The torquey engine, quick-shifting automatic gearbox, and great handling came together for a very fun driving experience. The big, southern Bavarian coupe ate up corners with ease, felt quite planted, and rocketed out of tight, technical canyon roads with little drama. The brakes were also quite strong and never really showed any fade after some long bouts of spirited driving. Thanks to the engine’s low-end turbo grunt, we never found it necessary to rev it out; in fact we were happy to shift the ZF automatic gearbox in Sport+ as much as possible, as shifts were incredibly quick and smooth, and the paddle shifter action itself felt quite pleasant.

We had the opportunity to let the rear end out a lot and hold some surprisingly long drifts; a testament to the chassis’ balance and feel. The driver sits right in the middle of the wheelbase, and the weight distribution works out to 51.9% front / 48.1% rear; pretty darn cool. With traction and stability control off, the 8 was a ton of fun to pitch into corners and slide out of them, and its angry inline-6 growl was a glorious accompaniment. With 8 set in one of its Sport modes, there was barely any hint of burble tune in the 8's exhaust, which we definitely appreciated. This contributes to the 8's understatedly sporty appeal. It occasionally made some light pops and crackles after aggressively lifting off throttle or bringing the revs up high while downshifting, but nothing we’d call obnoxious.

We’d love to have a go in this exact spec of 8 Series on track, as we think all of this would translate to trail-braking precision and brilliant corner exit characteristics. We’d bet green money the 8’s weight has something to do with this; it shifts around very predictably and keeps a good amount on the rear tires, allowing for some sideways, controllable fun, that never gets scary and instills confidence.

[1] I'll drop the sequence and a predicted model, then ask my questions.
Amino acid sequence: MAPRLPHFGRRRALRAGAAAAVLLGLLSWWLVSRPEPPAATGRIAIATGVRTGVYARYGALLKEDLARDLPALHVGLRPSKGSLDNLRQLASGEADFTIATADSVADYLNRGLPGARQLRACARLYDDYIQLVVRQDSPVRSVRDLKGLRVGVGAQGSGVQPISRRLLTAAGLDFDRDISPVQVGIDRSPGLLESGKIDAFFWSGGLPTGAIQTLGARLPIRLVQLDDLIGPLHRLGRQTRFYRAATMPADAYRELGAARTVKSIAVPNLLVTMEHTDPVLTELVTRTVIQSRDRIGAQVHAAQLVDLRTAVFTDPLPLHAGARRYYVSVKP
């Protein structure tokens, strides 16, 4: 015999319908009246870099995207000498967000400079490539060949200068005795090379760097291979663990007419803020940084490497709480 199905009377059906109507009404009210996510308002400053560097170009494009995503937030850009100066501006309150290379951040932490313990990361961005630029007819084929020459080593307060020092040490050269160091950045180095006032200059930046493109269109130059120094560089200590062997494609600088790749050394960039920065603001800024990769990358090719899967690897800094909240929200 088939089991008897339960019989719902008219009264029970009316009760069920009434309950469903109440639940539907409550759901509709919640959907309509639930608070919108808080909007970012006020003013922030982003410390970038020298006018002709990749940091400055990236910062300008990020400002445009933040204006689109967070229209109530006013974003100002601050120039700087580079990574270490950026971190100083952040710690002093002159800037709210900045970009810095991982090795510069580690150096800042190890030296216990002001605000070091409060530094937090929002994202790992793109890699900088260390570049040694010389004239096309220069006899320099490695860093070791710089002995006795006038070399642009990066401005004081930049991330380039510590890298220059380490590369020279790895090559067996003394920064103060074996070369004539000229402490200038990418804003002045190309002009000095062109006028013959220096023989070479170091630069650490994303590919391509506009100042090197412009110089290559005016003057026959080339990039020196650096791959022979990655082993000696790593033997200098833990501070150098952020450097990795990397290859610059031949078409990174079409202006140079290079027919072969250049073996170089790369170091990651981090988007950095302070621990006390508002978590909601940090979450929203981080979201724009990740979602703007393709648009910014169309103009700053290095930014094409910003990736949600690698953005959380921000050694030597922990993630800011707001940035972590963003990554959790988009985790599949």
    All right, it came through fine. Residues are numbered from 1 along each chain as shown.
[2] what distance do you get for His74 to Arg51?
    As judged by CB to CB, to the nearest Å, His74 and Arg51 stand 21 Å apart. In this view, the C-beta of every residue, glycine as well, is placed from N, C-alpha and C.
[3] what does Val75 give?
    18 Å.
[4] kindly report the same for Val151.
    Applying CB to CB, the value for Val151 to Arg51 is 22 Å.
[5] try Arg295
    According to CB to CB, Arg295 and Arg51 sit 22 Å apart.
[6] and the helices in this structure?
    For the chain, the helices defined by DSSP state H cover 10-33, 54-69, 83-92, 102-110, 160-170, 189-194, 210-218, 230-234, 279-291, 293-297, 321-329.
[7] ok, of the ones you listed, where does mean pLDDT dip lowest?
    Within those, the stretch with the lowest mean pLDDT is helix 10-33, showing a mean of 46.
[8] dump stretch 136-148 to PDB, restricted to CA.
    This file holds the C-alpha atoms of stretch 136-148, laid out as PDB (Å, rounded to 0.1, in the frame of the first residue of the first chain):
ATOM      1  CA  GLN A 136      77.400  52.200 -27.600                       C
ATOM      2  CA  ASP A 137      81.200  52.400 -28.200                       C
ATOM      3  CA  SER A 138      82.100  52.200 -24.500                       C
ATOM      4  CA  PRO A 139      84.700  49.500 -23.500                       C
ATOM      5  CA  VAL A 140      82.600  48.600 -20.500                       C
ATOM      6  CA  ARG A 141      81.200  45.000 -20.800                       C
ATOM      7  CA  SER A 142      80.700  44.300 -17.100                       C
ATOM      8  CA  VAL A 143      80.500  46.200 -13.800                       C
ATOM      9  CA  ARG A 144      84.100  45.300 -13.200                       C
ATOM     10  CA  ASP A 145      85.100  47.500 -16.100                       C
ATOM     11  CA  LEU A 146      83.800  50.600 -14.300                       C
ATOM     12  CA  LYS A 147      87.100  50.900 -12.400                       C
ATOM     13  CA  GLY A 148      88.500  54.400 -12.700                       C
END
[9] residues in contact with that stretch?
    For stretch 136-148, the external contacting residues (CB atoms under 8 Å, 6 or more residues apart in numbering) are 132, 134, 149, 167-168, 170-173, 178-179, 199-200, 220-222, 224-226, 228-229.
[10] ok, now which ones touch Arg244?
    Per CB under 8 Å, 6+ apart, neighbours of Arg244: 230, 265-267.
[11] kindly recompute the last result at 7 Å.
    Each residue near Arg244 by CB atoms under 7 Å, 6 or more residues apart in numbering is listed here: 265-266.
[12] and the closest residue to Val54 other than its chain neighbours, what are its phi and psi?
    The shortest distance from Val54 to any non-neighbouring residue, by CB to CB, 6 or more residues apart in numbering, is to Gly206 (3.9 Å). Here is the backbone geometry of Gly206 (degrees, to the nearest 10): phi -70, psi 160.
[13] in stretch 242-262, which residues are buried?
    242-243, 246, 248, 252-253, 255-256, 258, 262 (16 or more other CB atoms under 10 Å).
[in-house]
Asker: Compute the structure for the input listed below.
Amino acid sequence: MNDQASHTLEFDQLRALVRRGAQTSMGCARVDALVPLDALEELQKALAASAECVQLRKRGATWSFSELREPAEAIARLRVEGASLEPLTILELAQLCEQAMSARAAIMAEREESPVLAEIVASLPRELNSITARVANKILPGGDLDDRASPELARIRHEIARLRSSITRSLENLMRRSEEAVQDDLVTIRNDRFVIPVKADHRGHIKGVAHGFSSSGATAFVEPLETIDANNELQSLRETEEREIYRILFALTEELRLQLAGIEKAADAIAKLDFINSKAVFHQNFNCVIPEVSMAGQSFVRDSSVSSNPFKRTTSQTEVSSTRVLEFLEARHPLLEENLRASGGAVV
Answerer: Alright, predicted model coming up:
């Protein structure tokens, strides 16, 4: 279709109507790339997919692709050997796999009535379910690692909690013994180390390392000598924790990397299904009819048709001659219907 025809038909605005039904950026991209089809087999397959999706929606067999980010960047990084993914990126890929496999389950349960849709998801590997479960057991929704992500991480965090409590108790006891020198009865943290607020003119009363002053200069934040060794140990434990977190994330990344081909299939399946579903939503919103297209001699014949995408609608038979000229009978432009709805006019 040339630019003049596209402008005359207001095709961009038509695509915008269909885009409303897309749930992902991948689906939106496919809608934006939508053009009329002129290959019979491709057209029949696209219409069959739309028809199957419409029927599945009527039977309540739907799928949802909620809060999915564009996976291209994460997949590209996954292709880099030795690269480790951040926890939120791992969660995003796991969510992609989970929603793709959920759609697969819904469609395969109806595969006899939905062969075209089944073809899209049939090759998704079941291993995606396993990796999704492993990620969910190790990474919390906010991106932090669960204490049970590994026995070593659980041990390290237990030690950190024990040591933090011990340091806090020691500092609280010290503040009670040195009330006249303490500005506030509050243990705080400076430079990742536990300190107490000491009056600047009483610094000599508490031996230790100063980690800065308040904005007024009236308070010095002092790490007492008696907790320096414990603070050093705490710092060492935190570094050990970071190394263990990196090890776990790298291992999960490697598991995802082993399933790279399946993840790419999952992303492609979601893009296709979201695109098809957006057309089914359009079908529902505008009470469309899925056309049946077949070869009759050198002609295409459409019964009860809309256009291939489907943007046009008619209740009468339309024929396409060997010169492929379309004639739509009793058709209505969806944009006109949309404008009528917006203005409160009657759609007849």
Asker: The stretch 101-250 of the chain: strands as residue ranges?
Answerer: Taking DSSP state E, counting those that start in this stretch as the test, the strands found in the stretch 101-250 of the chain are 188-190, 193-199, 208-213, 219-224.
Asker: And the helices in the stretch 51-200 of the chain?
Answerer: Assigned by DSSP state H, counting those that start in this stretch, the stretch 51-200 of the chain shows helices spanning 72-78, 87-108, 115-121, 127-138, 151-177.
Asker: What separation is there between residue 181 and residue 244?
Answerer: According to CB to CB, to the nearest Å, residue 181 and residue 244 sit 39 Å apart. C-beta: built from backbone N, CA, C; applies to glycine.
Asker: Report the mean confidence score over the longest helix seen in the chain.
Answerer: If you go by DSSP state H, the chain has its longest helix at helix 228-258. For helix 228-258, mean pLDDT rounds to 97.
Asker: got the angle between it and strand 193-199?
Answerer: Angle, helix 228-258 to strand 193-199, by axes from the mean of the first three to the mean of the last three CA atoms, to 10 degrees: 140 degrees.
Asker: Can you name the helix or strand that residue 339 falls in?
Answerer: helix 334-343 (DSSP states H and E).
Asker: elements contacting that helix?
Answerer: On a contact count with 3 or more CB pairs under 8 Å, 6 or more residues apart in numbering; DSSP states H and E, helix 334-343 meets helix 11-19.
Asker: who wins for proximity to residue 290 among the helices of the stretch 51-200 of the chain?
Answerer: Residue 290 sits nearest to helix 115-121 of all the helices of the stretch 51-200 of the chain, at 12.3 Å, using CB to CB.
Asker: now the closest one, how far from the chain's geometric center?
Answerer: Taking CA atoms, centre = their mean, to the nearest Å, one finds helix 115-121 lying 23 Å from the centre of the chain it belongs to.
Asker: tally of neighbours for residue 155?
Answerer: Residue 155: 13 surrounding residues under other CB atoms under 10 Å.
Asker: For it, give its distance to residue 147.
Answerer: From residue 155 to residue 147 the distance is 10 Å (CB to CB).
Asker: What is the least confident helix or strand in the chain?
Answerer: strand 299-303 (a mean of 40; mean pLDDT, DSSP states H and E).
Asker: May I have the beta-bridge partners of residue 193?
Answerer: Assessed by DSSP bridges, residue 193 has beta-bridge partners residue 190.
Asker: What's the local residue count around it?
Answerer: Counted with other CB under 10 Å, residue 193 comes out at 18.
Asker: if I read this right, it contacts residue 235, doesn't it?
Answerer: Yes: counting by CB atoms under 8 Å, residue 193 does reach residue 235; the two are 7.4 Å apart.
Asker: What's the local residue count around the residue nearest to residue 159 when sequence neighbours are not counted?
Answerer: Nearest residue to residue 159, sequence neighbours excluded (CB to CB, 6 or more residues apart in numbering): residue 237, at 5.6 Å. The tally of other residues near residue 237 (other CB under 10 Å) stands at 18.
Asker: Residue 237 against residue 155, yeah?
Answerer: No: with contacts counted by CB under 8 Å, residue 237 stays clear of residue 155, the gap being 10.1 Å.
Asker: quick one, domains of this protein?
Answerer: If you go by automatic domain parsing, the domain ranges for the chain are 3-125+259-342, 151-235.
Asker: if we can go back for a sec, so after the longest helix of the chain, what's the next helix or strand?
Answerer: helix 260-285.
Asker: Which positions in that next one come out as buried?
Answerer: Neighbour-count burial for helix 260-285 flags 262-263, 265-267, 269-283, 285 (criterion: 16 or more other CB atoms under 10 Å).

The big, grand touring luxury coupe is becoming less and less of a common sight on the road. By that we mean actual coupes, not what BMW calls gran coupes which are… 4-door sedans. It certainly makes sense, as the market tends to favor cars that can tick as many boxes as possible, which for better or worse means sporty SUVs are often consumers' preference. Though, we think this luxury coupe would actually tick more boxes than the market might assume. It follows in the original footsteps of the original 8 Series, in that, sure, one could find better performance for their buck in a myriad of other cars, but many of those cars won't offer the same degree of luxury as the 840i. It doesn’t have much for backseat space, 335 horsepower is nice but not eyebrow-raising, the handling is good for what it is but its no M4, and some folks might not be too keen on its looks. If someone has the cash, isn't too concerned about hauling more than one passenger, and digs the appeal of a large coupe, they’d be hard-pressed to find a better unique (by today’s standards) luxury experience that offers a surprising amount of practicality and economy. So long as they aren’t too tall for it.